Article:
Deercreek Daisies met in April at the home of Marty and Fred Cook to learn about Bug and Critter Catchers. The Daisies enjoyed a meal of quiche, salad, and key lime pie prepared by Barbara V. and Marty C. as they visited and enjoyed friendship time.
By using simple “around the house” items anyone can get ready for spring and all the insects/bugs it brings. Members learned how to build a “bug trap” using an old plastic bottle, liter or water bottle size. Cut off the top quarter and invert it inside its base to make a funnel, holding it with tape if necessary. A hanger can be made using twine or heavy string. Pour sugared water into the bottle and hang it near where yellow jackets or hornets are bothersome in the garden. The wasps will climb in to reach the liquid and will drown or be unable to get out.
Anyone can protect plants and flowers using simple household ingredients and avoid commercial products that can kill friendly bees needed for pollination of plants. An insecticide is used to suffocate, paralyze or poison insects on contact or by indigestion. A simple recipe for insecticidal soap can be made with simple household ingredients. Use one gallon water (four liters), two teaspoons (10 mL) dish washing liquid and a few drops (5-8) of vegetable oil. Mix together. Use a plastic spray bottle to apply it–but wash the bottle thoroughly if it previously held household cleaners. Do not spray in direct sun or during drought, as it may harm plants.
Another helper can be a fungicide, which must be applied before disease starts to develop notice. Use this with plants that were prone to attack by fungus in prior years. To make a homemade Fungicide use one teaspoon (five mL) of baking powder and several drops (5-8) of vegetable oil dissolved in one quart of water (one liter). Spray this on leaves of household plants to prevent powdery mildew on houseplants. On roses it protects against black spot. The source for the recipes: All Natural Gardening Secrets 2017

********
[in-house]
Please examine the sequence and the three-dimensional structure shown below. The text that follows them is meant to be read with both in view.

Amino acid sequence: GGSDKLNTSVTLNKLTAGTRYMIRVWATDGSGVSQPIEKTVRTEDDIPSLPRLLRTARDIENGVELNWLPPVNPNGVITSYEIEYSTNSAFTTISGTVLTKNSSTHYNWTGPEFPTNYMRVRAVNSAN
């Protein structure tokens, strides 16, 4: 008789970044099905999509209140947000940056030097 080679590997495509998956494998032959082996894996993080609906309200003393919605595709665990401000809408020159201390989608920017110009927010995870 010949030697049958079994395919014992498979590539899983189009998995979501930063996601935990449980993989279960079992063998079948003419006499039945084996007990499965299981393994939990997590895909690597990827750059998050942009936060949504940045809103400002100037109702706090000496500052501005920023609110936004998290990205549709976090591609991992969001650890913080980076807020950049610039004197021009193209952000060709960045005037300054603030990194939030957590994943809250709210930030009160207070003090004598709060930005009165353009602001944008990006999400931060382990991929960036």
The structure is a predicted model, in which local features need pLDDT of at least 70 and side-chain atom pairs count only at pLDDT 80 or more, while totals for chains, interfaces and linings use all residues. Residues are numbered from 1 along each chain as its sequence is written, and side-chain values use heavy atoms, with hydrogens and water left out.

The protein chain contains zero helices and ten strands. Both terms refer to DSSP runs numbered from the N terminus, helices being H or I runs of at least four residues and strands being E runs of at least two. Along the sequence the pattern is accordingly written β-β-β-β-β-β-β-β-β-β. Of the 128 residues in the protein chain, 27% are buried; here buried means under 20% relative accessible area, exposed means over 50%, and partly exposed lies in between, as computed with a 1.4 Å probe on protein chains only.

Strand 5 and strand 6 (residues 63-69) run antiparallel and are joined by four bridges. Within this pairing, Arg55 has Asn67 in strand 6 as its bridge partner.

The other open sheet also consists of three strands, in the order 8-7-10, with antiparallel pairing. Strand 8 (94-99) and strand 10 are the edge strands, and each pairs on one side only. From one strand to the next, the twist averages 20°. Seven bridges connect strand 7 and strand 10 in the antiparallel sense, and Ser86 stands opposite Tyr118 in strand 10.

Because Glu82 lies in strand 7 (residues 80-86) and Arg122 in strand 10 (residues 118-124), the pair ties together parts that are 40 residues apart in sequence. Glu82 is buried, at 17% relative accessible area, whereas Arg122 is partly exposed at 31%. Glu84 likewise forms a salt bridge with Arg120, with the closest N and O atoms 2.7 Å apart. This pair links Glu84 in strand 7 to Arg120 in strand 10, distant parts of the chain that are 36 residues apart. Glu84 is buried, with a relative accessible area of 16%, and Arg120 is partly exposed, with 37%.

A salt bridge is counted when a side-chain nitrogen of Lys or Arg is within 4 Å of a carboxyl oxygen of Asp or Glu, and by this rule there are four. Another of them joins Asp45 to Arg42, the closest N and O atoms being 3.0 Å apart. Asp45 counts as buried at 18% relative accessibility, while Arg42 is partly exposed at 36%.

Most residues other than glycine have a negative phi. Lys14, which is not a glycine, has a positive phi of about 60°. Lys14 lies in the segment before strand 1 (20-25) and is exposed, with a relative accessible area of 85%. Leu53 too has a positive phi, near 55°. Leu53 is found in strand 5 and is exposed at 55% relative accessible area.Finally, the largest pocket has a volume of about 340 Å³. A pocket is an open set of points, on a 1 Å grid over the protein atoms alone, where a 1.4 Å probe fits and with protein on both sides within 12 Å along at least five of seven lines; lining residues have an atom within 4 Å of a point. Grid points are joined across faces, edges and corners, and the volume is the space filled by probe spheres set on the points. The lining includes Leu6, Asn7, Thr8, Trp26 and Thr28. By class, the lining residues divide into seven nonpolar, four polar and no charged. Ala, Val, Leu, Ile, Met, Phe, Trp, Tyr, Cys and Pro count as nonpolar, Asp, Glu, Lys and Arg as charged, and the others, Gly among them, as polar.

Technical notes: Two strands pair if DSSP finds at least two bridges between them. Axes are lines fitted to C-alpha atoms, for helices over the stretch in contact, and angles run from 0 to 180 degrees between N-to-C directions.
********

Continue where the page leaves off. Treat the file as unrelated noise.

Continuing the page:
Daisy members each went home with a sample of these bee friendly homemade solutions to use in their gardens.
They also learned how to make a simple “sticky traps.” Use yellow construction paper that you coat with petroleum jelly and place on a stick or hang over a tray. Place these near plants to catch whiteflies or other pests and save money.
When holding the next cookout, another “fly trap” can be made with one cup water, one cup vinegar and one cup sugar dissolved. Put it in jars whose lids have holes punched wide enough for the flies to get through. Place in a jar on deck or porch so flies are caught before entering house.
Some tips to remember when doing spraying:
Always read pesticides labels and follow directions.
Apply sprays on dry, calm days with relatively low humidity.
Keep children away when you spray anything.
Cover as much skin as possible, wear gloves, eye protection.
Avoid touching your face and eyes.
Never eat or drink when handling sprays, avoid inhaling them.
Never apply to food plants, unless labels state it is safe to do so.
Clean equipment after use, wash face and hands thoroughly with soap. Launder and wash clothing separately.
Keep all pesticides labeled clearly. Store in cool dry place.
Three members won door prizes of herb plants after they finished making their solutions and listening to garden facts. Enjoy the coming spring/summer and try some of these bee friendly ideas in the garden.
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